NOAA sphere looks at data in 3-D
- By Brian Robinson
- Jul 07, 2003
NOAA's Science on a Sphere
The National Oceanic and Atmospheric Administration wants business partners to help it commercialize home-grown technology that simplifies science data on a planetary scale.
In a request for information posted May 28, NOAA officials said they seek partners to further develop its Science on a Sphere system. SOS uses computers and video projectors to display animated geophysical and atmospheric information on a large, fiberglass globe.
According to NOAA, the spherical system can make it easier for people to understand Earth-based science data. Scientists working with traditional computers usually break data into smaller sets that can be displayed on computer screens. The information is the same, but it is harder to recognize patterns on a global level.
A map of the entire Earth can fit on a flat screen, but not without distortion. That's why the relative size of Greenland, for example, changes between an atlas and a globe.
But most geospatial software is for traditional computer displays. NOAA officials hope the SOS project changes that limitation. Its sophisticated software can convert a range of scientific information into a format that the globe can then display either singly or combined. It can also incorporate other kinds of data, such as global satellite imagery.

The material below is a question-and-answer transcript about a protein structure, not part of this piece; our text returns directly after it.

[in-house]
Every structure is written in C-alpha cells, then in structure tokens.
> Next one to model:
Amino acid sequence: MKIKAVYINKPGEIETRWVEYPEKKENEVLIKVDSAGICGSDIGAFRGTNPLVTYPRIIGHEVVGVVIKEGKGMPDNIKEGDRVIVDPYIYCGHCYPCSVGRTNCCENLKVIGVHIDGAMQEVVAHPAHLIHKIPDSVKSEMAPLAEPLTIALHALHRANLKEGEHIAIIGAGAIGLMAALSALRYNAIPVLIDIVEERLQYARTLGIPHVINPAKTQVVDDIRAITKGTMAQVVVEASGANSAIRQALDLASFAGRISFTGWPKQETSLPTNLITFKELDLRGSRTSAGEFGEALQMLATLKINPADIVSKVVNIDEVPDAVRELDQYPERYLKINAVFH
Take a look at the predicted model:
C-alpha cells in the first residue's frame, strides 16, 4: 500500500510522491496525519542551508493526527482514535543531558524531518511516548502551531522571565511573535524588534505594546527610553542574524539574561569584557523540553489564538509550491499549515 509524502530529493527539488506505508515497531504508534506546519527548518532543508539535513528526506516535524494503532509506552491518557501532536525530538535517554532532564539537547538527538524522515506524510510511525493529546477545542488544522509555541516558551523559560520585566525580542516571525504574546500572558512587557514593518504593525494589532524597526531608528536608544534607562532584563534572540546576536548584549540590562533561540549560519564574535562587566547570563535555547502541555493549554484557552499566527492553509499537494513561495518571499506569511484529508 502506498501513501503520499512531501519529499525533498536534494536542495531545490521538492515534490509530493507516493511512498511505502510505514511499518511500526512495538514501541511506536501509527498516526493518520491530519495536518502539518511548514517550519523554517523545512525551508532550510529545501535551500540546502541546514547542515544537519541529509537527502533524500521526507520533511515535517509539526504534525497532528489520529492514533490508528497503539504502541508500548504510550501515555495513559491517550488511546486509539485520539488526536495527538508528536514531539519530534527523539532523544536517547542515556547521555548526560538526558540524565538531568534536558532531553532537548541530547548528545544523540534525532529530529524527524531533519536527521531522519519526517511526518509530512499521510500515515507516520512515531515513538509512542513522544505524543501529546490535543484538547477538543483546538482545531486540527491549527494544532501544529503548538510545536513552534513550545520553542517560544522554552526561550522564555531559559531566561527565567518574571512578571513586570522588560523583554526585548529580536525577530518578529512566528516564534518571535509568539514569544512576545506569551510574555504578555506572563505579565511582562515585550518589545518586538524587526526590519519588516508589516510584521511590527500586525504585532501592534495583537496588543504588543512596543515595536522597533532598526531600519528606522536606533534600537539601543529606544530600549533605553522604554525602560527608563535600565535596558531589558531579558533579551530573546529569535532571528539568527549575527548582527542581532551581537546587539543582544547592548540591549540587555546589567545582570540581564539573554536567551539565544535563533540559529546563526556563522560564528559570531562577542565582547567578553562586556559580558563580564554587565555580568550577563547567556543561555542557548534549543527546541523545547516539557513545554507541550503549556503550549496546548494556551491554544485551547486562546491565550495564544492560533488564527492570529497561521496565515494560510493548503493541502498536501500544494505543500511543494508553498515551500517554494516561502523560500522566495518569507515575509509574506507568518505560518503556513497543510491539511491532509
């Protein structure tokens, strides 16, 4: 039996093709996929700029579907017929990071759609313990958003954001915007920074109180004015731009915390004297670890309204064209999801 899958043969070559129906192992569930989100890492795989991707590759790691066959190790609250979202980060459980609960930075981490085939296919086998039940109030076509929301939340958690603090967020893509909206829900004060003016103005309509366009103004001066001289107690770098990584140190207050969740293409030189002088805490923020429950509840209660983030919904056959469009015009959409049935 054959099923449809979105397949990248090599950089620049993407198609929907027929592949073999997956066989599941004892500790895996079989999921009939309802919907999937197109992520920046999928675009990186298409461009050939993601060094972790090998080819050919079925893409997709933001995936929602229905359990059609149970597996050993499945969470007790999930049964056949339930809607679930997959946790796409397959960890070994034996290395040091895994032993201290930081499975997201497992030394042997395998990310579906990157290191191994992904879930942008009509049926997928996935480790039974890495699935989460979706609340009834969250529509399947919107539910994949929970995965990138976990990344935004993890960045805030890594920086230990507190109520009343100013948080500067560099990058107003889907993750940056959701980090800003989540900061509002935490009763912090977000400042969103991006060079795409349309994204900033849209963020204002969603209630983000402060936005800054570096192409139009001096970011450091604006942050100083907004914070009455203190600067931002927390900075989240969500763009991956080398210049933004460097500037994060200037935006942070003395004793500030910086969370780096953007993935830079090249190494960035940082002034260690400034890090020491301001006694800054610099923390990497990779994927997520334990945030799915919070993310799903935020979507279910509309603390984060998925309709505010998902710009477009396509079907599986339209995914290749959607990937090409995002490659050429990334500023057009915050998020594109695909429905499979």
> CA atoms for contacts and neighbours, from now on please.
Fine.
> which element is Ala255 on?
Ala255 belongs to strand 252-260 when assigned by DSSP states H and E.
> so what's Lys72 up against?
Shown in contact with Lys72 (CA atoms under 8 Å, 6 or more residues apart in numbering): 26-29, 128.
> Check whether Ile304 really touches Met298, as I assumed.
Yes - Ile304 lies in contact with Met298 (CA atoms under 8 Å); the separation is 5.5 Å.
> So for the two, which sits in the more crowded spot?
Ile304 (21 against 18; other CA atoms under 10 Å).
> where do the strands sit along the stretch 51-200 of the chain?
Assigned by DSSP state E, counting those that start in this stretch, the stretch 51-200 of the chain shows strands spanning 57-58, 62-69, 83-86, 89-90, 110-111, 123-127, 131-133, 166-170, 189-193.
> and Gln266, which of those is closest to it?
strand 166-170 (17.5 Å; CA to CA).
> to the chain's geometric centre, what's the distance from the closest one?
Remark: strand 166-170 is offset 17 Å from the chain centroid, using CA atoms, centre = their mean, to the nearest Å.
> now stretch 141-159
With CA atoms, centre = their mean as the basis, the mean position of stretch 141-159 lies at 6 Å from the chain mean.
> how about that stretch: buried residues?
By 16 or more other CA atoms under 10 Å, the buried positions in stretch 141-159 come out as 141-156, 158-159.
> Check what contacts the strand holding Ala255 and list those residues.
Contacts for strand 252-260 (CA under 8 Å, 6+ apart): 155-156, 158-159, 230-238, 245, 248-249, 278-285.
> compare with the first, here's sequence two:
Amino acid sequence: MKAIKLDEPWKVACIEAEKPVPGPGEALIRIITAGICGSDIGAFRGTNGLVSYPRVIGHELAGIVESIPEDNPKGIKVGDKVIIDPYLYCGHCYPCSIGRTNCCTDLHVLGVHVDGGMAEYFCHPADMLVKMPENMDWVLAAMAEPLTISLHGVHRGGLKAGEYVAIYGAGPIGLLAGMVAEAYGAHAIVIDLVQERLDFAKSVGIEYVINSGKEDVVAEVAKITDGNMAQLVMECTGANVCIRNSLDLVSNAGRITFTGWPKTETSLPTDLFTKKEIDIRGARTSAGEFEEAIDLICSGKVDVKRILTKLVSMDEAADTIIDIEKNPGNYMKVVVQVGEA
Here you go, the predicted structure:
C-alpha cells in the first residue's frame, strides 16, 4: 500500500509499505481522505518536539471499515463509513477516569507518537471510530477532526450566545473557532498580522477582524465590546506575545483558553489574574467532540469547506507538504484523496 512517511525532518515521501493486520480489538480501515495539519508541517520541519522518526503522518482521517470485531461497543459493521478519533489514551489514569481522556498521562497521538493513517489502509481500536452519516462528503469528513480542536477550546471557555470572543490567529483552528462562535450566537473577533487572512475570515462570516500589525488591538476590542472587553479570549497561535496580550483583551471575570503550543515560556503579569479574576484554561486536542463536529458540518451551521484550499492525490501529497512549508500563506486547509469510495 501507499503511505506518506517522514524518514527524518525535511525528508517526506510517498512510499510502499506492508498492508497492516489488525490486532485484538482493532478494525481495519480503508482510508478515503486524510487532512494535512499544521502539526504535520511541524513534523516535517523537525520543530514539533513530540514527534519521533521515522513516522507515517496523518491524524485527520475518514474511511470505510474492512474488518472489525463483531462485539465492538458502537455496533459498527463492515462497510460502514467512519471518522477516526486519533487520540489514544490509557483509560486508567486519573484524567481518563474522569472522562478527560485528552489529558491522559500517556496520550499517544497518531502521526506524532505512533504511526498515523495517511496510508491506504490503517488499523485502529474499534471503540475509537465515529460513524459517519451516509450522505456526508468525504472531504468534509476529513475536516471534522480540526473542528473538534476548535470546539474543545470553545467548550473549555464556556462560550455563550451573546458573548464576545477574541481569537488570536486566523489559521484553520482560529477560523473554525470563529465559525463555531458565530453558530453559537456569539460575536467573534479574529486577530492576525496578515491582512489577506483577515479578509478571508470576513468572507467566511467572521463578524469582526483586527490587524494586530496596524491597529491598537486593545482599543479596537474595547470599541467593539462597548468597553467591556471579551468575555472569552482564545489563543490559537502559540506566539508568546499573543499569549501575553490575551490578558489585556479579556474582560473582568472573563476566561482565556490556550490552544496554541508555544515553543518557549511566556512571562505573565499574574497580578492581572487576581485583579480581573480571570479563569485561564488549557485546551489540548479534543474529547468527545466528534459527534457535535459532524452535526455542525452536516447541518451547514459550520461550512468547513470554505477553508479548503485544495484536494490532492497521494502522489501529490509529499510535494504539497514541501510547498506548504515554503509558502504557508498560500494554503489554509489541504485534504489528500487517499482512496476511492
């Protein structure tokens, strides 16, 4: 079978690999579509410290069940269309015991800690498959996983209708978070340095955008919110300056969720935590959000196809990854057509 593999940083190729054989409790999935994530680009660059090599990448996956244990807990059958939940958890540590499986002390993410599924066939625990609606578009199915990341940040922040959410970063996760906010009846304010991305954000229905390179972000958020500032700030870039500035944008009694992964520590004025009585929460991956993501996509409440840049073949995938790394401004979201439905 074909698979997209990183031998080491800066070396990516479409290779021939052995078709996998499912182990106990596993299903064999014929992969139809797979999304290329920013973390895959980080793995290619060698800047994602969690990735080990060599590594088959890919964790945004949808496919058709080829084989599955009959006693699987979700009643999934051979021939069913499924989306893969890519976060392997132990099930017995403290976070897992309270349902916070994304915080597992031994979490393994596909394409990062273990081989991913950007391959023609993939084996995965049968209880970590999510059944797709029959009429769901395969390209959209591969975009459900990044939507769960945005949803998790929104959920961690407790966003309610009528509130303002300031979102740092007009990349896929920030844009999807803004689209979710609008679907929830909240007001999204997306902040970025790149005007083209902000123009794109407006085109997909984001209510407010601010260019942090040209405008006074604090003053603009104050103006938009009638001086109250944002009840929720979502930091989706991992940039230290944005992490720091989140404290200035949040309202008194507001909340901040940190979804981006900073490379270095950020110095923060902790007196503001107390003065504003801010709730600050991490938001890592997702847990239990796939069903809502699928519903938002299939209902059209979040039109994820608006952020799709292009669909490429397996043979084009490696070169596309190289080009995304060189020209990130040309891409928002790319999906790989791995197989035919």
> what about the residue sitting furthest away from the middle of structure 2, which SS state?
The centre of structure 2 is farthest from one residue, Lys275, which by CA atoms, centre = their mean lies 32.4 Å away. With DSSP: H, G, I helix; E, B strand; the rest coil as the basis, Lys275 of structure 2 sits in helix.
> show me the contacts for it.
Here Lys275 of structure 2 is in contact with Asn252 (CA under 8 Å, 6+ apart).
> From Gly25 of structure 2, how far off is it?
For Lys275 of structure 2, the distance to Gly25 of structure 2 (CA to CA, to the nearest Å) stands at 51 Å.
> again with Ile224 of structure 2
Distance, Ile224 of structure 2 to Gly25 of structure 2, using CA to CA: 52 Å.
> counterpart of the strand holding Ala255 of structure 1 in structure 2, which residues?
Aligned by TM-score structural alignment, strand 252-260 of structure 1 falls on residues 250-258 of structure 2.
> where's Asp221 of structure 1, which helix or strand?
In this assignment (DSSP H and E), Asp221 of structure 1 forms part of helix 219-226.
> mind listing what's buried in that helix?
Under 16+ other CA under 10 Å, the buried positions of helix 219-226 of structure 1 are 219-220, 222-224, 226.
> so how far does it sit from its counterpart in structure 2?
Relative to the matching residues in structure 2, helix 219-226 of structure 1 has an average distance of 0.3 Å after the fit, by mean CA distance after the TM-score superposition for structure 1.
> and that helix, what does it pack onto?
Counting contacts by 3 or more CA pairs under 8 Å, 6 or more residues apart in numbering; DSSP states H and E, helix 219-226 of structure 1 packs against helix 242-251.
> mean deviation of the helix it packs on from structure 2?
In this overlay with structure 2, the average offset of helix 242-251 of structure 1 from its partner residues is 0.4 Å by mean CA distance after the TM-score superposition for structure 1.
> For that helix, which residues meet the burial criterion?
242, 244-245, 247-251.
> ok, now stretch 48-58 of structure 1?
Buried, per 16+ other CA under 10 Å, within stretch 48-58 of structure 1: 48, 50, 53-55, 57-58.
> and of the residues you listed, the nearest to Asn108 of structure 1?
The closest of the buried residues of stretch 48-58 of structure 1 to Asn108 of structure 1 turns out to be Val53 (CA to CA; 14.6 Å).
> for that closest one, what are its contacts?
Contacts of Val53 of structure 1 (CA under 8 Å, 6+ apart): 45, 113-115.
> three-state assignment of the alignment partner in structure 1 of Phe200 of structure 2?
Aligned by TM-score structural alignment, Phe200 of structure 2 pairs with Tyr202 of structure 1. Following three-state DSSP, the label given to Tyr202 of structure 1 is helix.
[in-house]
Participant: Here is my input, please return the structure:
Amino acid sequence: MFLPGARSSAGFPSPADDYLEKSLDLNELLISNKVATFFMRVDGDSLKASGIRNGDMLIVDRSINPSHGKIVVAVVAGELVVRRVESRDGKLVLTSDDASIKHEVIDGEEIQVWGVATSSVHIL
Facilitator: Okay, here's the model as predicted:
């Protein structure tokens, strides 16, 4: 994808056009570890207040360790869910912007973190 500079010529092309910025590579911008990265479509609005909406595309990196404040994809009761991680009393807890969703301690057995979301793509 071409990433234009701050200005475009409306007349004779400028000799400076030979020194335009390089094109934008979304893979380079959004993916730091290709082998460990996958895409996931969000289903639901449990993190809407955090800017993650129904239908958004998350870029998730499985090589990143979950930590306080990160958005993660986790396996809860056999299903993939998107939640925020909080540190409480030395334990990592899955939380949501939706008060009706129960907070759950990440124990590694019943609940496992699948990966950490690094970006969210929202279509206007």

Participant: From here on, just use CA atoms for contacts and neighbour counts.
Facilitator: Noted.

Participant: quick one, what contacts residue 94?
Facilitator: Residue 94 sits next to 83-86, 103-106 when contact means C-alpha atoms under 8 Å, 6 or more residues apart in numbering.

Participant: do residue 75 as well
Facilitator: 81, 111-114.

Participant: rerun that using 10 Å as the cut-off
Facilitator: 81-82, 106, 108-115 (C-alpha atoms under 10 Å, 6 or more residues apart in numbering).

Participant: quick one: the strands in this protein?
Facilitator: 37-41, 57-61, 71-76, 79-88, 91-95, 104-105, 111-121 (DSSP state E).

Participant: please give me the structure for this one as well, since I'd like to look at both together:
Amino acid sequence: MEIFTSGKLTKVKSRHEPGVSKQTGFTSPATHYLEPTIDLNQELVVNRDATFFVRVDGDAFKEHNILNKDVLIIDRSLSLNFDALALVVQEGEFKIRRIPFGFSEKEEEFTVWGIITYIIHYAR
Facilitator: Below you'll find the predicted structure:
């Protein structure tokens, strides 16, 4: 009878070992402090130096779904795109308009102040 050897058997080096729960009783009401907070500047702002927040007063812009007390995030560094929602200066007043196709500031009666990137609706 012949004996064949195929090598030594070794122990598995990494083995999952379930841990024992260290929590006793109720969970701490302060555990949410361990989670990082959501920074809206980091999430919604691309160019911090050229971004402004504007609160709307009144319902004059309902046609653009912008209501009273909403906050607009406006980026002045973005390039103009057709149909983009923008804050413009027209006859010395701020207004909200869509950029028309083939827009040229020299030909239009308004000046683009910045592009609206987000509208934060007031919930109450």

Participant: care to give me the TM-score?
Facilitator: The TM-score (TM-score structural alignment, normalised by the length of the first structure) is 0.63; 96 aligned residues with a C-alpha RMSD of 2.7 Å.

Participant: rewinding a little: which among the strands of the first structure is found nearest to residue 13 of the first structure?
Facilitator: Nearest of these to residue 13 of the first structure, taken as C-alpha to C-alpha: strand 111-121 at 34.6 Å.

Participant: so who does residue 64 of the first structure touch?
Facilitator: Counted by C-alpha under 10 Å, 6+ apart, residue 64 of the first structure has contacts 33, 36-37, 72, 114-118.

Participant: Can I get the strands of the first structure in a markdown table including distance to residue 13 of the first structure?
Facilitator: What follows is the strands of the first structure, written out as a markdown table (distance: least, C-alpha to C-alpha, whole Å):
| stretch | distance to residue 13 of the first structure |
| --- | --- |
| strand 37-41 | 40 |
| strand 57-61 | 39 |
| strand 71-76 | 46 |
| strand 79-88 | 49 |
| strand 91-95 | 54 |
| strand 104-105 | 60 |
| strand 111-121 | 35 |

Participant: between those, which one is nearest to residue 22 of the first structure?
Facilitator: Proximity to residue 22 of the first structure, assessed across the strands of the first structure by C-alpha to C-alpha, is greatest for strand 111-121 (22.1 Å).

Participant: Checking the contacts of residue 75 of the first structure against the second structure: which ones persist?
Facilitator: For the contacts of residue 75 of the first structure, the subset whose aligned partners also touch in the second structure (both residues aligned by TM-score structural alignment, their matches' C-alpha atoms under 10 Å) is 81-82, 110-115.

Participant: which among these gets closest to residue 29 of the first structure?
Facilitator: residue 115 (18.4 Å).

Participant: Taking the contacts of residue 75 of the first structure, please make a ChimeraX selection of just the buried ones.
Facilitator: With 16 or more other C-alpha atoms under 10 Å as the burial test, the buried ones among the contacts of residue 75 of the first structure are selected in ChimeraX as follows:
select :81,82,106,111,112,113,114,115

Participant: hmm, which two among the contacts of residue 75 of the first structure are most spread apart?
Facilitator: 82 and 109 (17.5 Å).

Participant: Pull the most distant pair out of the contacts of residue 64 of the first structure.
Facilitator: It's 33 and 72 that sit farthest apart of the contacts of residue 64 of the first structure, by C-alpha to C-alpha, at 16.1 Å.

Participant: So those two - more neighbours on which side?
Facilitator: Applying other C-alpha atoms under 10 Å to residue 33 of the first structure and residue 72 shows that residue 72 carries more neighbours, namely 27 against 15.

The result is a highly accurate view of global phenomena that observers say surpasses other display systems.
"It really is spectacular," said Richard Conti, executive director of the Nauticus museum in Norfolk, Va., which could be one of the first SOS beta sites. "When I first saw it, I thought the globe was actually in motion, until I saw it was a dynamic projection."
"As soon as I saw it I knew I had to have one," he said.
SOS will allow the museum to set up public exhibits that will "get into the more complicated earth science stuff," Curtis said. Such exhibits could show the movement of weather and water vapor and even the effects of continental drift on the Earth's formation over the ages, he said.
Displaying data on a sphere, without the usual flat-screen distortions, has already produced surprising observations, said Sandy MacDonald, director of NOAA's Forecast Systems Laboratory (FSL), which has been developing SOS for the past three years.
For example, he said, even many meteorologists such as himself did not realize the full impact of some conditions, such as how wet and dry zones in the tropics related, until they saw them next to each other on the SOS globe.
For now, SOS will primarily serve educational purposes in such places as museums and schools, said MacDonald, who conceived the idea for SOS in the mid-1990s.
But one group from the Pentagon mentioned how SOS could give quick, comparative surveys of areas of immediate interest to the military, such as Iraq and the Middle East, he said.
"For those such as the military or large organizations with hundreds of offices or sites around the world, this way of being able to quickly take in the whole global picture is unbeatable," MacDonald said.
Although other systems project 3-D simulations, to "get the immediacy of 3-D," a real 3-D dynamic Earth would be the best way to go, said Fritz Hasler, leader of NASA's Goddard Earth Science Visualization and Analysis Laboratory.